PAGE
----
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It's Not Easy Breathing Green

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If you are one of 20 million Americans suffering from asthma, chances are you've noticed the recent change in inhaler technology. The new ones lack chlorofluorocarbons (CFCs), first developed during World War II as pressurized propellants to dispense potent insecticides such as DDT. CFC inhalers have been delivering the drugs to the wheezing lungs of asthmatics for three generations while adding ozone-depleting chemicals to the atmosphere. But by January 2009, CFC inhalers will no longer be available for sale in the United States. Inhalers using hydrofluoralkanes (HFA) as propellants are being substituted in their place. For asthmatics, like me who grew up on the old propellants, the new HFA inhalers don't deliver that same blast of sweet-tasting aerosol and initial buzz one could expect from CFC inhalers. And they're much more expensive. While millions have made the switch to the new HFA inhalers, four to five million asthmatics have yet to adopt the new green technology, according to Laurie Tarkan in a recent article in the New York Times.

The shift to HFA inhalers is a direct result of the 1987 ratification of the Montreal Protocol, heralded by Kofi Annan as "perhaps the most successful international agreement to date." Over the last two decades, 191 countries have phased out over 95 percent of ozone-depleting substances such as chlorofluorocarbons in an effort to protect the Earth's ozone layer in the upper atmosphere. It is a success story unrivaled in the history of international environmental governance. Green consumers can feel good knowing that their switch to HFA inhalers is an environmentally friendly choice. And drug manufacturers like GlaxoSmithKline can point to legitimate strides made as good corporate citizens in addressing global climate change through their commitment to the phase-out of CFCs in their devices. The technology changeover has cost the company an estimated $1 billion. (But asthma drugs are big moneymakers for pharmaceutical companies. Just two asthma drugs made up twenty percent of GlaxoSmithKline's $32 billion in worldwide pharmaceutical sales in 2005.) Patients, companies, and insurers have shared in the burden of those costs. HFA inhalers, at about $40 each, cost three times more than the old CFC inhalers.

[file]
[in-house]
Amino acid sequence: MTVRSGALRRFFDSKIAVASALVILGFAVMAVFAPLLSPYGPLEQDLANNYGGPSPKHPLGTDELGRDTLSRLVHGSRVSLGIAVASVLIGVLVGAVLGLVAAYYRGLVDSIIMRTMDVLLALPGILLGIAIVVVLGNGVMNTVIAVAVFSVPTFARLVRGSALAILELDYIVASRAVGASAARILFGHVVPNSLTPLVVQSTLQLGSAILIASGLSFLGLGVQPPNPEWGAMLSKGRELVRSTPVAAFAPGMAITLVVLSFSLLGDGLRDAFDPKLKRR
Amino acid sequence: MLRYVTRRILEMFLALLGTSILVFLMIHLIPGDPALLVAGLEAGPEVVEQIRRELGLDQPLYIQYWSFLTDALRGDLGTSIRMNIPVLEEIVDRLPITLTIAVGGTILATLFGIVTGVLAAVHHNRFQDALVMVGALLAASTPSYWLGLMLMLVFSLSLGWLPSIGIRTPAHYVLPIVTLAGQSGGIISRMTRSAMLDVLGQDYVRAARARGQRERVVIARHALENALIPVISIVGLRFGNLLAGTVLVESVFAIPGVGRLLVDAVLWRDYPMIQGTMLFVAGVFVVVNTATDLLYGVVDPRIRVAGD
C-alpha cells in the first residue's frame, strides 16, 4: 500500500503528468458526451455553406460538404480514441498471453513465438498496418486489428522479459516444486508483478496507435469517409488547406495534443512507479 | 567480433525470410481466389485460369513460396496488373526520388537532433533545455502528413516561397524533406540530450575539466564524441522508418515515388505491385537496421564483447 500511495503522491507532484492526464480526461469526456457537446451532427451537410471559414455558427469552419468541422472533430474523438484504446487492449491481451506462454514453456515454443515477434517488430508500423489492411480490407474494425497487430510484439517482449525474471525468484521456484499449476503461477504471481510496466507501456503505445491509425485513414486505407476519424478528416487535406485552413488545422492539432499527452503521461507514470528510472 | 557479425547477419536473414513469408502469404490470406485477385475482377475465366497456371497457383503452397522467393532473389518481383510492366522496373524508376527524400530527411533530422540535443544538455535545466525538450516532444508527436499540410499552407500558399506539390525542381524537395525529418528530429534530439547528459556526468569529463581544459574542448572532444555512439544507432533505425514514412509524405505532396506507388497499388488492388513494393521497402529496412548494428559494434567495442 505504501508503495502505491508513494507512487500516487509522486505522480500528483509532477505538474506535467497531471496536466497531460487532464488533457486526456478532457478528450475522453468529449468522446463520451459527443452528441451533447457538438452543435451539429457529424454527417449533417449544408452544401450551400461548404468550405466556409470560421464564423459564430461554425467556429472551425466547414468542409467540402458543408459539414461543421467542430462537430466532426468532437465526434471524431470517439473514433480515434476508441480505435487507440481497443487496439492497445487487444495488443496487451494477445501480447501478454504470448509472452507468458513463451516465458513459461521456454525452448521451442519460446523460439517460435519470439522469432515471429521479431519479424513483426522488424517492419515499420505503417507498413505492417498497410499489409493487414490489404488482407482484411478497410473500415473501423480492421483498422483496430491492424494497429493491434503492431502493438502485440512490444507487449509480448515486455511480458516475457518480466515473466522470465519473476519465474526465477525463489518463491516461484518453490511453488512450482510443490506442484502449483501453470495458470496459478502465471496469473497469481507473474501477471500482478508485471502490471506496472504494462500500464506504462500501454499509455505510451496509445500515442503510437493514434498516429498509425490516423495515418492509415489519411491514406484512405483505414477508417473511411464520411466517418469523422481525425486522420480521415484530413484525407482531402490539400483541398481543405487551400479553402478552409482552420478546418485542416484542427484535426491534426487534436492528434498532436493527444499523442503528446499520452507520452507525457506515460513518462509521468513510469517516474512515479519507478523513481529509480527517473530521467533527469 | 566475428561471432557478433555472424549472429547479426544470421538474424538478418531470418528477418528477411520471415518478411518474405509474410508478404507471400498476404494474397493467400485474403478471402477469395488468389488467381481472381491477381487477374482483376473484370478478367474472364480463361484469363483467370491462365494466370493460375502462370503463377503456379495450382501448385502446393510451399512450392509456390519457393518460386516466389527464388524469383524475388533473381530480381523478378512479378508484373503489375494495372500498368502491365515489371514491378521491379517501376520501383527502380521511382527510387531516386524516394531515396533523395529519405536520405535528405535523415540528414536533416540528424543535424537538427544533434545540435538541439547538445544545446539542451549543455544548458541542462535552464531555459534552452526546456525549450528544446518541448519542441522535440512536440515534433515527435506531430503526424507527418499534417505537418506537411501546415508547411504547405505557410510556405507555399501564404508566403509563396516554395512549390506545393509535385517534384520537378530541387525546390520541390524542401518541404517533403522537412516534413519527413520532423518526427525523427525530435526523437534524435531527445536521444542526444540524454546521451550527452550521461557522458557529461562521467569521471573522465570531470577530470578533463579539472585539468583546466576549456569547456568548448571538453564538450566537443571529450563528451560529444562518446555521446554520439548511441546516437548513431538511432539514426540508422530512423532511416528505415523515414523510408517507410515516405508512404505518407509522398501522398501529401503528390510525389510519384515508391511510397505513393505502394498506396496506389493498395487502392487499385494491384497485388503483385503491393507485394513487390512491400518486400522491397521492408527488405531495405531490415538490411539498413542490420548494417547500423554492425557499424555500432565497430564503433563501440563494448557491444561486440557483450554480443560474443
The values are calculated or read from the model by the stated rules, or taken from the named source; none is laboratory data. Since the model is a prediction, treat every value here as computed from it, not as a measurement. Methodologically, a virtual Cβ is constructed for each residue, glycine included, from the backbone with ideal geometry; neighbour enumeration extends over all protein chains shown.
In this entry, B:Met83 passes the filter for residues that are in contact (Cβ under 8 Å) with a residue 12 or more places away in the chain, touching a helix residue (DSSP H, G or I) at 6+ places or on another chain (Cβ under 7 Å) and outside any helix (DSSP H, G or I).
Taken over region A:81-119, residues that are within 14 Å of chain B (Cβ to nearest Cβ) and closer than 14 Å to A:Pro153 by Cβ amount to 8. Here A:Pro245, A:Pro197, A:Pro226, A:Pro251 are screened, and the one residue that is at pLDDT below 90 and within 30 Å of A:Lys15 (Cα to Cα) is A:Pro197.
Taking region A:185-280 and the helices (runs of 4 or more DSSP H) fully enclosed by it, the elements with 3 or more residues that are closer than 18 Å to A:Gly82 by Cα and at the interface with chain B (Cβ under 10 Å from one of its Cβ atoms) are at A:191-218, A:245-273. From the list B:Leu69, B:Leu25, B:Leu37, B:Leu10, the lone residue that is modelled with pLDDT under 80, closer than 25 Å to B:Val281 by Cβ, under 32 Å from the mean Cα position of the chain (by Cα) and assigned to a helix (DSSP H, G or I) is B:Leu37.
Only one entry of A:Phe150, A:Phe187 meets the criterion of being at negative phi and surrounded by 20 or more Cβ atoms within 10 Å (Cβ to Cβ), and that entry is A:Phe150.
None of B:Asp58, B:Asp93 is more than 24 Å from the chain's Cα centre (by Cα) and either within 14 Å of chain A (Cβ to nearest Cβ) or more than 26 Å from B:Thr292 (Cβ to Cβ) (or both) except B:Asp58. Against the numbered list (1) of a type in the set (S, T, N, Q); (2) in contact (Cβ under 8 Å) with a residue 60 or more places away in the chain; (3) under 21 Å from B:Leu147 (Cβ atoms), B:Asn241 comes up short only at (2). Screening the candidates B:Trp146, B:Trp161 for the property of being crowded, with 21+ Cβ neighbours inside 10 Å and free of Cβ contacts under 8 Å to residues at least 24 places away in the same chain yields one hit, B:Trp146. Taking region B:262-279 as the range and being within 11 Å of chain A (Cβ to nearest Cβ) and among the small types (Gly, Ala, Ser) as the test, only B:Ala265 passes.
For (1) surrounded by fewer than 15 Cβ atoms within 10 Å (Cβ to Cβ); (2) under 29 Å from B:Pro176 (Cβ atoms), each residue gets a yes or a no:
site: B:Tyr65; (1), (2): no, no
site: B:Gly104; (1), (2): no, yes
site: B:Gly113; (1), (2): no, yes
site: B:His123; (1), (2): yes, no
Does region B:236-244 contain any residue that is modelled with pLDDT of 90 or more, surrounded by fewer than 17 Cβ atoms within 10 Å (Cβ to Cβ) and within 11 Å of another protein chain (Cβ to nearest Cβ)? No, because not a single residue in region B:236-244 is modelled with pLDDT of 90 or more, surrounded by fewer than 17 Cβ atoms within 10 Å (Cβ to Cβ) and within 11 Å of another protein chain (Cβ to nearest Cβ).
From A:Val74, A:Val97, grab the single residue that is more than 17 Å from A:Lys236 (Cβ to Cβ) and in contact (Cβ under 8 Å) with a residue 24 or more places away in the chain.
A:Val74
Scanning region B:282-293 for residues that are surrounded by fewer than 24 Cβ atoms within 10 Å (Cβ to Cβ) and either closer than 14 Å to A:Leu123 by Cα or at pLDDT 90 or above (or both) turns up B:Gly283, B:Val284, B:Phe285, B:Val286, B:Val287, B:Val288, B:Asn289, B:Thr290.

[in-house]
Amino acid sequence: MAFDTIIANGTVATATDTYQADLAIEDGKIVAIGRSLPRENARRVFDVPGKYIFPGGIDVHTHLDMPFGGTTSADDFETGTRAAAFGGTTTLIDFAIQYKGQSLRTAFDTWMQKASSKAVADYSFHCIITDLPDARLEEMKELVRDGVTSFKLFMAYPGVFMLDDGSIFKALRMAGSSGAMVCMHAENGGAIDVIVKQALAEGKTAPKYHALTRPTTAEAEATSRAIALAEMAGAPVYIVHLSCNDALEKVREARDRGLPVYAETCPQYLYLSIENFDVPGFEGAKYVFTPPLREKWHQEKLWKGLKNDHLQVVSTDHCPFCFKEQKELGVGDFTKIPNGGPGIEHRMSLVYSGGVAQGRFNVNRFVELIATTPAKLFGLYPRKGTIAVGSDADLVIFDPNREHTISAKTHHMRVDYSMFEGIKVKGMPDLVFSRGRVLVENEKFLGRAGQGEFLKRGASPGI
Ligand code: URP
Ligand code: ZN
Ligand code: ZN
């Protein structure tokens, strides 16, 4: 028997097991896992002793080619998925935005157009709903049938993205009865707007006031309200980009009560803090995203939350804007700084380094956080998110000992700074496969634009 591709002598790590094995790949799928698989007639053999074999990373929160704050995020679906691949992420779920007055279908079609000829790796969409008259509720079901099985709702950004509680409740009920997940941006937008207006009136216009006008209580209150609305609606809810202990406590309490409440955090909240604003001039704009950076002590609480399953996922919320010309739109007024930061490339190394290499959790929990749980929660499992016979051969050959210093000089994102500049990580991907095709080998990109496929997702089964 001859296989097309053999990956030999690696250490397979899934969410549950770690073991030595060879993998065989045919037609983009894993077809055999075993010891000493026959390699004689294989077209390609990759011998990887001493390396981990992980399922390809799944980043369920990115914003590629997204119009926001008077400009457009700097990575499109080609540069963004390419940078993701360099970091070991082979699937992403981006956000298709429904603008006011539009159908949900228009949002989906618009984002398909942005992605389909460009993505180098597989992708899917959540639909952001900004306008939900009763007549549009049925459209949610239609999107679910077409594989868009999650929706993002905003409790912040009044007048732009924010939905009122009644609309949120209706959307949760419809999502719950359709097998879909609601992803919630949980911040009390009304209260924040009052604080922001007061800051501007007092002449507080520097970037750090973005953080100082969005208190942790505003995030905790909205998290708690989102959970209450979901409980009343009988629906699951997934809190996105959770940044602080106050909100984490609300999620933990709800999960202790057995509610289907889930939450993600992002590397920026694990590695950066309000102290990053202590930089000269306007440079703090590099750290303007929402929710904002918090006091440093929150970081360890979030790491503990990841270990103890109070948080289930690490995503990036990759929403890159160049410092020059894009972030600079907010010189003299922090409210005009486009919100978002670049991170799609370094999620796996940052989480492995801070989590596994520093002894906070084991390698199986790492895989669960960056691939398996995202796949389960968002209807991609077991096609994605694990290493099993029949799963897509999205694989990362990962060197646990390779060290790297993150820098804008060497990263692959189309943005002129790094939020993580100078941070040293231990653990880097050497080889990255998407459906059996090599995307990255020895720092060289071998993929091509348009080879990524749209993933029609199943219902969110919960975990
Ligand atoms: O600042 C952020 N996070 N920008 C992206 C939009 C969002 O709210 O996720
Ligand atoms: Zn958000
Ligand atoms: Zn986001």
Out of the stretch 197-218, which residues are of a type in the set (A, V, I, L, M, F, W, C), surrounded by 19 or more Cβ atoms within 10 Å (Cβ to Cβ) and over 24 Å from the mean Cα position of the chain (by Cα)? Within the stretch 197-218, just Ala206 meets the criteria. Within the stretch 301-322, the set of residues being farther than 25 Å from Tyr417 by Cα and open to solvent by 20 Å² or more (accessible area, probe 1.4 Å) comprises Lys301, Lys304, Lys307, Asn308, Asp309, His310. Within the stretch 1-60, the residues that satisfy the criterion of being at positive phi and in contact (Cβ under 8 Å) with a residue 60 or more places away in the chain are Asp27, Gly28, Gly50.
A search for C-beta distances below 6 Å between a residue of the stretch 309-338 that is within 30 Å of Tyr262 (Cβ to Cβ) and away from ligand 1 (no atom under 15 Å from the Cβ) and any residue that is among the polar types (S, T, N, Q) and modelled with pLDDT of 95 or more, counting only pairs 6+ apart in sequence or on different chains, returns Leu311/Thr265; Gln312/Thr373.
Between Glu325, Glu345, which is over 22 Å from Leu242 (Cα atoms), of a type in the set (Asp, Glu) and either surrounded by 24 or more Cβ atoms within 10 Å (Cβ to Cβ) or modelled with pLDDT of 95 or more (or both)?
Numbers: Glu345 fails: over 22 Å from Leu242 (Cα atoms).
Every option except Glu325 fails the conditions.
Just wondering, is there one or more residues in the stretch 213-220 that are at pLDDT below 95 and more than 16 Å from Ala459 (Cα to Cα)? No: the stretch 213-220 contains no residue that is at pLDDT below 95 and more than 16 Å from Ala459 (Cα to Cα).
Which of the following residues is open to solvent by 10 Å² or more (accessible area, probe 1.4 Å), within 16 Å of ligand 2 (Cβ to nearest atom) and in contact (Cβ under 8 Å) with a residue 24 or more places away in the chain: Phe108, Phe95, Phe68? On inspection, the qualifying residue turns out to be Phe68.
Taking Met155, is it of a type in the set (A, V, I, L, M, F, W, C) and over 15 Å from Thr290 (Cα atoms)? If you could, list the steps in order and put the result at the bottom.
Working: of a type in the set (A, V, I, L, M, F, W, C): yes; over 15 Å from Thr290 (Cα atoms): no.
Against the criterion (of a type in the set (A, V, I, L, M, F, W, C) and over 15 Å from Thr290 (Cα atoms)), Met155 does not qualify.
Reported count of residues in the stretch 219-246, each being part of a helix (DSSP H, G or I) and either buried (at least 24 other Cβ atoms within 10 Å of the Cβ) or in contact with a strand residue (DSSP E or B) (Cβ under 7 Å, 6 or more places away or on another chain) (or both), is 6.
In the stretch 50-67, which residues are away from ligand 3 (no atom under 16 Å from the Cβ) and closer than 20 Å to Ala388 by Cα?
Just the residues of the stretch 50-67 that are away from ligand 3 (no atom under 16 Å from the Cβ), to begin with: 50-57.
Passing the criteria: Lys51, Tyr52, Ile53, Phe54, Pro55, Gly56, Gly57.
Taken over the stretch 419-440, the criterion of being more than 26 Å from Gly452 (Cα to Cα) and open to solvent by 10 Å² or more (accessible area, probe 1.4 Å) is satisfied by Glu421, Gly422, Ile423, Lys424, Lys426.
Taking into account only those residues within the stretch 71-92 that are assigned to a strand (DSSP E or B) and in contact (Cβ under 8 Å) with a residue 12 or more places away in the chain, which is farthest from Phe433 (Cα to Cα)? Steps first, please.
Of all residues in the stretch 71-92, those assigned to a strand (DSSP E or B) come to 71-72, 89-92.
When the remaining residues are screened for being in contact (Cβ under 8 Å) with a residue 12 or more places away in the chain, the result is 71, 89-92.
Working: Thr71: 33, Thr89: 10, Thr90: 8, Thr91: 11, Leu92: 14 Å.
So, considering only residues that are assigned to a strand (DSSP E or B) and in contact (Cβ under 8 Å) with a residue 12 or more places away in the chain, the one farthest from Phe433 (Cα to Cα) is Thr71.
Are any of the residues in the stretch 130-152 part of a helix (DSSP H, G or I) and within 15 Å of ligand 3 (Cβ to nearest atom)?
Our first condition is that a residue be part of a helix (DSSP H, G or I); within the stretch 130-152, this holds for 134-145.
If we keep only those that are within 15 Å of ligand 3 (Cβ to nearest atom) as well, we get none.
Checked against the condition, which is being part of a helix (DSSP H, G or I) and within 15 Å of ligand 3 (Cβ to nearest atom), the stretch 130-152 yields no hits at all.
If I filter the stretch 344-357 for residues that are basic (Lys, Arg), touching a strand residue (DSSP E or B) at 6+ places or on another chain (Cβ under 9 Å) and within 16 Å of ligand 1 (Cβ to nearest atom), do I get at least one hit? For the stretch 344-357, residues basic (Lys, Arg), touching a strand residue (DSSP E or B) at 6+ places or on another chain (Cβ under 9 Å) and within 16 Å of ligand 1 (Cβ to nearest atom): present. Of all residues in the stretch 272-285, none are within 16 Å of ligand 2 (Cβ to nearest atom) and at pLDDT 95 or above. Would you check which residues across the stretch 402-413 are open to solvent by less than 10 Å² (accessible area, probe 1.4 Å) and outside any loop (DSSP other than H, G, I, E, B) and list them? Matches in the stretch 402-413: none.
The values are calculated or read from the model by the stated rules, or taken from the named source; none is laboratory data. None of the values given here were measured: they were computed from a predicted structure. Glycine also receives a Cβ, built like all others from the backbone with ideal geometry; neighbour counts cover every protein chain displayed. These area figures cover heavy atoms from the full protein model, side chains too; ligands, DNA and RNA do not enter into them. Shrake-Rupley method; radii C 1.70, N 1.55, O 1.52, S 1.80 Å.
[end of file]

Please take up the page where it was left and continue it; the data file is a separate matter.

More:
The unfolding tragedy is that those who can least afford it are the ones most affected by the shift to the new green economy. Uninsured inner-city neighborhoods like Harlem, where an estimated one in four children suffers from asthma, have historically been the last communities to benefit from the introduction of new drugs in asthma treatment. Underprivileged asthma sufferers are far more likely to seek relief in the cough and cold section of the local store or the hospital emergency room than in the clinical allergist's office. With the HFA inhalers, the cost of their immediate-relief medicine triples. The risks of reliance on cheaper, over-the-counter inhalers are great. The doubling of asthma deaths in the 1960s in England, although debated in the medical literature, was attributed in large part to self-medication by asthma patients with over-the-counter bronchodilators manufactured by American pharmaceutical companies. Paul Stolley, an epidemiologist and physician at Johns Hopkins School of Hygiene and Public Health in the early 1970s, called it "the worst therapeutic drug disaster on record. There's nothing else--not even thalidomide--," he exclaimed, "that ranks with it." Similar concerns arose in the 1980s as sales of bronchodilator inhalers and asthma deaths both climbed.

In poor, urban communities of color, where African-Americans are three to five times more likely to be hospitalized and die of asthma than whites, the increased costs of HFA inhalers could prove disastrous. Impoverished urban residents already suffer from living with a disproportionate share of bus depots, hazardous waste facilities, and polluting industries, as well as high levels of indoor exposures to cockroach allergens and pesticides, that combine to create ecological conditions in which it is much more difficult to breathe. Health care in American society has increasingly moved from a model of public health to consumer choice, where health has become a purchasable commodity. But if green corporate and consumer choices end up harming some more than others, leaving behind those who lack purchasing power, our actions as environmentally responsible citizens will have been in vain. As Van Jones, founder and director of Green for All argues, "we need to build a green economy strong enough to lift people out of poverty." And we need to build a green economy that protects the environment and health, of not just some, but of all.

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